Types of treatment

When severe loss of kidney function occurs, their function must be replaced. For many people a successful kidney transplant is the best way to do this. However, this treatment option is not possible for all patients and some patients have to wait a long time to receive a kidney transplant.

Where transplant is not possible, dialysis is used to replace some of the important lost functions of the kidneys. There are two main types of dialysis: Peritoneal dialysis and haemodialysis. These treatments have different impacts on daily life.

Peritoneal dialysisPeritoneal dialysis

Peritoneal dialysis (PD) is performed at home. The therapy can either be performed over night for 8-10 hours or in 4 to 5 short procedures carried out over the day. This takes 1 to 2 hours per day to complete. Whichever way it is carried out peritoneal dialysis gives flexibility and can be fitted around work, family and social commitments. Usually patients come to the hospital outpatient clinic every 3-6 months for follow up. Many people on PD are able to enjoy a normal diet without too many restrictions, but may need to moderate certain types of food.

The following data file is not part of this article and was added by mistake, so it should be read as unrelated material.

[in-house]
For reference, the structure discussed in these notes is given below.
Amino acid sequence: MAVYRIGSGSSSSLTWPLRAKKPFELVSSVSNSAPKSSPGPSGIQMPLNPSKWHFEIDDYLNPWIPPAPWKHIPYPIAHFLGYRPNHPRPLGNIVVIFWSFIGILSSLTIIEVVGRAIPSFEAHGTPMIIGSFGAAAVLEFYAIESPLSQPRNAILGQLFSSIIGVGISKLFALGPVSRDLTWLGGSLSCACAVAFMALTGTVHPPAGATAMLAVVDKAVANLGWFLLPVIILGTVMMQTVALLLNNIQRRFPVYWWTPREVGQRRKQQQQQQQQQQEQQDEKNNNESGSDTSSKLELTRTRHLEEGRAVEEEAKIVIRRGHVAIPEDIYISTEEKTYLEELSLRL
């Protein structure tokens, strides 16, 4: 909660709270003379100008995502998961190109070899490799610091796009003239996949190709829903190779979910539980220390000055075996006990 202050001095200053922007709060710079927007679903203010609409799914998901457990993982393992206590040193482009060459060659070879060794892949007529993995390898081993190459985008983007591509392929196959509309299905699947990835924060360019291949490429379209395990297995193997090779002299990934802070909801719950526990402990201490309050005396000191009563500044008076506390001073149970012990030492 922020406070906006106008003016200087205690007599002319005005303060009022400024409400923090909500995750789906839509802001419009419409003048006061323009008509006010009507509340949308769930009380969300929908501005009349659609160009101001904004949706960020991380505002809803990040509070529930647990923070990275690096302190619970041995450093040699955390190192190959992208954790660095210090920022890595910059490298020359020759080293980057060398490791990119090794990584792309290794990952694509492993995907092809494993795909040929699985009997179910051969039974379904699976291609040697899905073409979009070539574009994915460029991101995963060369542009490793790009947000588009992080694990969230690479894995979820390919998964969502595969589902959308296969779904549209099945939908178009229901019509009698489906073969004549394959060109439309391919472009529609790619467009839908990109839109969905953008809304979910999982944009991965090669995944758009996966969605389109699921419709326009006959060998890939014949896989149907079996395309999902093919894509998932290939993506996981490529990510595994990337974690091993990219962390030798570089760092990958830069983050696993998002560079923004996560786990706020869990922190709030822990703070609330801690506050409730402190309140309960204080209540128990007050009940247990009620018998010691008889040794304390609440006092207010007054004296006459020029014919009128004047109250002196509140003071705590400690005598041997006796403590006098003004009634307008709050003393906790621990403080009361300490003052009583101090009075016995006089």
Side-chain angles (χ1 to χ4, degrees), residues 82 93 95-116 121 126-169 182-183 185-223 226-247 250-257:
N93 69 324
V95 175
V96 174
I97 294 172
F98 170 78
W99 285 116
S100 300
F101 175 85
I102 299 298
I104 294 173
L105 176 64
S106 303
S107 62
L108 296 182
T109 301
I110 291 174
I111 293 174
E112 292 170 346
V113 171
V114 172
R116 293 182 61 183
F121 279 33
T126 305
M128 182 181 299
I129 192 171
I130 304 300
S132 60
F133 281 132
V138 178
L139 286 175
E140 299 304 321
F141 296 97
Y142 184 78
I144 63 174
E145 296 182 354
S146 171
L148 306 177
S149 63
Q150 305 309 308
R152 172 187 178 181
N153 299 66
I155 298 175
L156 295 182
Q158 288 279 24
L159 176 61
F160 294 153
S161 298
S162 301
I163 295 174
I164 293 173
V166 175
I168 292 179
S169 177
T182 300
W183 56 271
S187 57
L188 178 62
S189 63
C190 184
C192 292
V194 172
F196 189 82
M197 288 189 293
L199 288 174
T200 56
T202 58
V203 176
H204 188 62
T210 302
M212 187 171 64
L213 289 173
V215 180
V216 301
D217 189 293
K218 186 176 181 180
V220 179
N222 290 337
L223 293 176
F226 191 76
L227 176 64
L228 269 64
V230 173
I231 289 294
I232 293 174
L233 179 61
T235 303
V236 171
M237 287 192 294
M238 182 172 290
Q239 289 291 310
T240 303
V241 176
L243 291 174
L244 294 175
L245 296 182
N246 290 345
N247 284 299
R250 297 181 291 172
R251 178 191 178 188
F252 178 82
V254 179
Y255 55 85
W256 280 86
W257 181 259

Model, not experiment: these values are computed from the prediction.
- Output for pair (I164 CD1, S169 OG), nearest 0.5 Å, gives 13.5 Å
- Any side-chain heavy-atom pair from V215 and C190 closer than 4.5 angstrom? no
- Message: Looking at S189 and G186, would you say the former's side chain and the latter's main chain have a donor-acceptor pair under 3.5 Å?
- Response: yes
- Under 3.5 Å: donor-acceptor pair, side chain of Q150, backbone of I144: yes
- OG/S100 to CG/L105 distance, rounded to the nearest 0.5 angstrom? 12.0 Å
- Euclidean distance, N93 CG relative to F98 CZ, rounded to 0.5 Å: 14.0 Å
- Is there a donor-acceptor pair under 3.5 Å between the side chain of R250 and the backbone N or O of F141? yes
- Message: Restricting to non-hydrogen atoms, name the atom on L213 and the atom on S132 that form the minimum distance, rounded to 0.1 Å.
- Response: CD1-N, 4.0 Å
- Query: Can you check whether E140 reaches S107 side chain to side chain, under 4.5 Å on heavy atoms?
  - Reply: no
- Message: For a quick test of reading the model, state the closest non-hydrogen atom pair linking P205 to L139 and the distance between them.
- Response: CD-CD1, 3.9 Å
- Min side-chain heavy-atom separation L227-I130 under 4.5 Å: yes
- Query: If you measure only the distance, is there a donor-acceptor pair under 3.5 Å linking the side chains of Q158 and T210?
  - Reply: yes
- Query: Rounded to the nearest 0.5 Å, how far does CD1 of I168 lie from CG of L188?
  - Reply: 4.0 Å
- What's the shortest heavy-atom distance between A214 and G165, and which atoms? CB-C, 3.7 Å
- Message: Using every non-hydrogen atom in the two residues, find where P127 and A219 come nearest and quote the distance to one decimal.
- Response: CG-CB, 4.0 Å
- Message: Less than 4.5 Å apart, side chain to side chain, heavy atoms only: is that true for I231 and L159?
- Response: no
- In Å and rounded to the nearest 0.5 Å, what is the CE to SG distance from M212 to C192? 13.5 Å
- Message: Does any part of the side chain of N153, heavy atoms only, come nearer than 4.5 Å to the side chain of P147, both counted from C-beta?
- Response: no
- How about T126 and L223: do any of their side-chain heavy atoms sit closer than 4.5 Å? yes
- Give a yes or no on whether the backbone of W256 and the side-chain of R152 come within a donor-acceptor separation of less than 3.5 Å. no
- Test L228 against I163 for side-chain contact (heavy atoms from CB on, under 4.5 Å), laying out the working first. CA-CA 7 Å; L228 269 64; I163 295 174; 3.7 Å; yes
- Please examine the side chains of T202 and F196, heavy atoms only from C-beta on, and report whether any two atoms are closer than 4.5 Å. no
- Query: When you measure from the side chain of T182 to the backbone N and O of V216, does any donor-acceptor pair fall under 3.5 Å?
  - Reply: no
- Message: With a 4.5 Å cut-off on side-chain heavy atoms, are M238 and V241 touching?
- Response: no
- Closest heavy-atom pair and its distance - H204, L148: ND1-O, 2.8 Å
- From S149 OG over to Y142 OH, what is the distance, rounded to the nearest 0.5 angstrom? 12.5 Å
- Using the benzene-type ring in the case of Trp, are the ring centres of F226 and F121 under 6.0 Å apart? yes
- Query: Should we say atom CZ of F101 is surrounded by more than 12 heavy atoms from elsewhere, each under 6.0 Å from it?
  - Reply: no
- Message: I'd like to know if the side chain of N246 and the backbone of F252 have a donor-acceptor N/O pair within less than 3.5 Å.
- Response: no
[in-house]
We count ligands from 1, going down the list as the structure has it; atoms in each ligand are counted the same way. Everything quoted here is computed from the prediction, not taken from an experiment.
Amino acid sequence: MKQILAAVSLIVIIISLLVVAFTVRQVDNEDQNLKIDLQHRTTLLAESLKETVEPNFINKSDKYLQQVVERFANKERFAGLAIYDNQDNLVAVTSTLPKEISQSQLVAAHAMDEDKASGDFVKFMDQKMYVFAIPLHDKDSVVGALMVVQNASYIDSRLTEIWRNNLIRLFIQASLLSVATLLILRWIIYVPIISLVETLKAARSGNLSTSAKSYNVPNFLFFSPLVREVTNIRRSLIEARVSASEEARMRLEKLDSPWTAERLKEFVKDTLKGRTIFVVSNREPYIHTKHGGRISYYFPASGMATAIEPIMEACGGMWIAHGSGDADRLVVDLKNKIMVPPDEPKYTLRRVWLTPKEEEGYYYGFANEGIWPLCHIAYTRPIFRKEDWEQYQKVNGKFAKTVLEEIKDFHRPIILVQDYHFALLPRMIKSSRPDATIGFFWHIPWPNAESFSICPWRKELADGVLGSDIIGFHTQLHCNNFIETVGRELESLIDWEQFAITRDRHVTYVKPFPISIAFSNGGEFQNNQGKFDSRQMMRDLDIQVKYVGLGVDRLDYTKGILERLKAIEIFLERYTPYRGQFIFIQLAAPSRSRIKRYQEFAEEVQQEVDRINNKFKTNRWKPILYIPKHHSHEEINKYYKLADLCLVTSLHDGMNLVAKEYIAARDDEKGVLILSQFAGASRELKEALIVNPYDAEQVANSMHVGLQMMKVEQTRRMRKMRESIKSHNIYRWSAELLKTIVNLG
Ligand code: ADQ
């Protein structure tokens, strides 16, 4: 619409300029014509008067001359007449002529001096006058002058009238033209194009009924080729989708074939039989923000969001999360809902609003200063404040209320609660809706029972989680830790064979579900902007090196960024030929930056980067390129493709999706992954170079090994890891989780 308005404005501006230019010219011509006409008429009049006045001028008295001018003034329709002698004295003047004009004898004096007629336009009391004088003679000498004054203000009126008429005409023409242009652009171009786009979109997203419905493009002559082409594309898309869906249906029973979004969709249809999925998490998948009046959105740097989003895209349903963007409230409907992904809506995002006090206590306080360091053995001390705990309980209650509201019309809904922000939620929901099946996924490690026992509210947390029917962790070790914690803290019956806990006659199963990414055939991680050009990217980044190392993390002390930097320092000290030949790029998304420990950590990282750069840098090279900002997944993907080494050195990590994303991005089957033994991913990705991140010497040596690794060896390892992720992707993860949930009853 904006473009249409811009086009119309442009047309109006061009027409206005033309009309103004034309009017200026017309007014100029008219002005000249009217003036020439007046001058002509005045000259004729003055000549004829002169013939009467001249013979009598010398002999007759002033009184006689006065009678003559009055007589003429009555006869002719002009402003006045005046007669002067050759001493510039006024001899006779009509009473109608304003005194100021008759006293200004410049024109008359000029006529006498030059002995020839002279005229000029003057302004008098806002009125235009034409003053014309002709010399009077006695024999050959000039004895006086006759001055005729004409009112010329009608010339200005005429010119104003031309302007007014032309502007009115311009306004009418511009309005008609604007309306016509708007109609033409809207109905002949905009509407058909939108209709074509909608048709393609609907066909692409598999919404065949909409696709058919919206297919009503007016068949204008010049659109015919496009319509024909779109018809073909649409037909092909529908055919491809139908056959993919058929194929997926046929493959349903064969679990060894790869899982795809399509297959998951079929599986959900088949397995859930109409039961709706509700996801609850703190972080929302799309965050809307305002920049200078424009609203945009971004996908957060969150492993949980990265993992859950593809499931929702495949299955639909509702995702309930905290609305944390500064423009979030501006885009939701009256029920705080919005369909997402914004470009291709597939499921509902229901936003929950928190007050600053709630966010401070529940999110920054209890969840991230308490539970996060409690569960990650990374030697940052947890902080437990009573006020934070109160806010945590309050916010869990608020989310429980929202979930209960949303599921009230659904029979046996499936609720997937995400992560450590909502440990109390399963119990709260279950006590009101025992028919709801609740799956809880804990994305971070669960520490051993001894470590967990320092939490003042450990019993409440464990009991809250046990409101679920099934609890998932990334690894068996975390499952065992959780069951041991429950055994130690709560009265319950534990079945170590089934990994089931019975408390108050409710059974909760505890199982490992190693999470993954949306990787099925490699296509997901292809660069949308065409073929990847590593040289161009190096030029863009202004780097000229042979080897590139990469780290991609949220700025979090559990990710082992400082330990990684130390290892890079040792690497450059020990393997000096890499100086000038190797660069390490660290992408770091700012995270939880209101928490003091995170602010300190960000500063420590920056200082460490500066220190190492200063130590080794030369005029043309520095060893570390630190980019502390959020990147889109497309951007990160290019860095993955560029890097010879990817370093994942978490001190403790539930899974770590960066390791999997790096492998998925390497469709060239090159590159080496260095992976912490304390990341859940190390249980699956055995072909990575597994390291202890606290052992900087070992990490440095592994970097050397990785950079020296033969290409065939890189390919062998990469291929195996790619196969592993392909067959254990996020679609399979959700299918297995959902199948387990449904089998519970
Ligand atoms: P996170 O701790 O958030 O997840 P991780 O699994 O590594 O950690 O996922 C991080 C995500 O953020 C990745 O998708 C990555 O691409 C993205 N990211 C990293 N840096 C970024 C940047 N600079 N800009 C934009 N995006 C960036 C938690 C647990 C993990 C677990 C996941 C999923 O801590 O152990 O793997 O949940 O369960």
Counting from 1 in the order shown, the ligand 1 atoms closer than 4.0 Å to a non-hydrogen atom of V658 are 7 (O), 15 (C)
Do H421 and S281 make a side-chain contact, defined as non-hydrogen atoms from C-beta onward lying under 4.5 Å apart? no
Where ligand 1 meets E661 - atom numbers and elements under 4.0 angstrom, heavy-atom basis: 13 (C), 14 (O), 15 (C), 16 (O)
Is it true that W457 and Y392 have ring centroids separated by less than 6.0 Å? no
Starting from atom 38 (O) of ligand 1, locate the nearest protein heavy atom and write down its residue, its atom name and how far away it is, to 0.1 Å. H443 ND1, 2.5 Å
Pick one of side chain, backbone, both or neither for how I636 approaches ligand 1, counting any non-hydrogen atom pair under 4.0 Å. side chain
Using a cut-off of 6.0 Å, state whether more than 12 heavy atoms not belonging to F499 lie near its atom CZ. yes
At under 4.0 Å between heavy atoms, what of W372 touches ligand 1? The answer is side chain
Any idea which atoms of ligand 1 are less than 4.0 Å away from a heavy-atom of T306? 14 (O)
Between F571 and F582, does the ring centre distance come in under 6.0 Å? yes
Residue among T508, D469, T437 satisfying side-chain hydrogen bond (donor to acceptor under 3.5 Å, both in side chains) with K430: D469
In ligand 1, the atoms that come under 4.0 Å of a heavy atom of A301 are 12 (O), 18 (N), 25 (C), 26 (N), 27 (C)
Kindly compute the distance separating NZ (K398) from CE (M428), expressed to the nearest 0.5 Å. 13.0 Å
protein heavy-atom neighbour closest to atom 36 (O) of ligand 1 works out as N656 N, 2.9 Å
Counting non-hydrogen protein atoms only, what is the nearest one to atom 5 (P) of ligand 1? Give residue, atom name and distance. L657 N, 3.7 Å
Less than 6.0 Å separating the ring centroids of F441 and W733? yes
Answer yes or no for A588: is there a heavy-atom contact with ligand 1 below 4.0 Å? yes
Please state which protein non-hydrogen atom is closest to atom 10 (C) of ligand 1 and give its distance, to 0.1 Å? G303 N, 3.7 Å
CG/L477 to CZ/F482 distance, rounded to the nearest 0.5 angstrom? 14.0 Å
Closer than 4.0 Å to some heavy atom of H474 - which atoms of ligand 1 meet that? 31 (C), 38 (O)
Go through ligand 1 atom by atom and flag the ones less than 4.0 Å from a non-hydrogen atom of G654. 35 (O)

Haemodialysis (HD) is usually performed in hospital or in dialysis clinics 3 or possibly 4 or more times per week. The procedure usually takes a minimum of 4 hours but may take up to 6 hours. On top of the time for treatment the dialysis day also involves travel to and from hospital or clinic, waiting for treatment to start and waiting for transport home. In total hemodialysis in hospital can take many hours out of the day which has an impact on work, family and other commitments. Most people on hemodialysis also have to have restrictions on diet and fluid intake.

HaemodialysisSometimes other options for haemodialysis are available. These include self care or home dialysis and also daily or nocturnal dialysis. These options aim to increase flexibility, allow a normal diet without too many restrictions and promote the quality of life for a patient on dialysis.

Each type of dialysis has pros and cons and not all may be available in your dialysis clinic. By learning as much as you can about the types of dialysis, you will be able to make the best decision for yourself.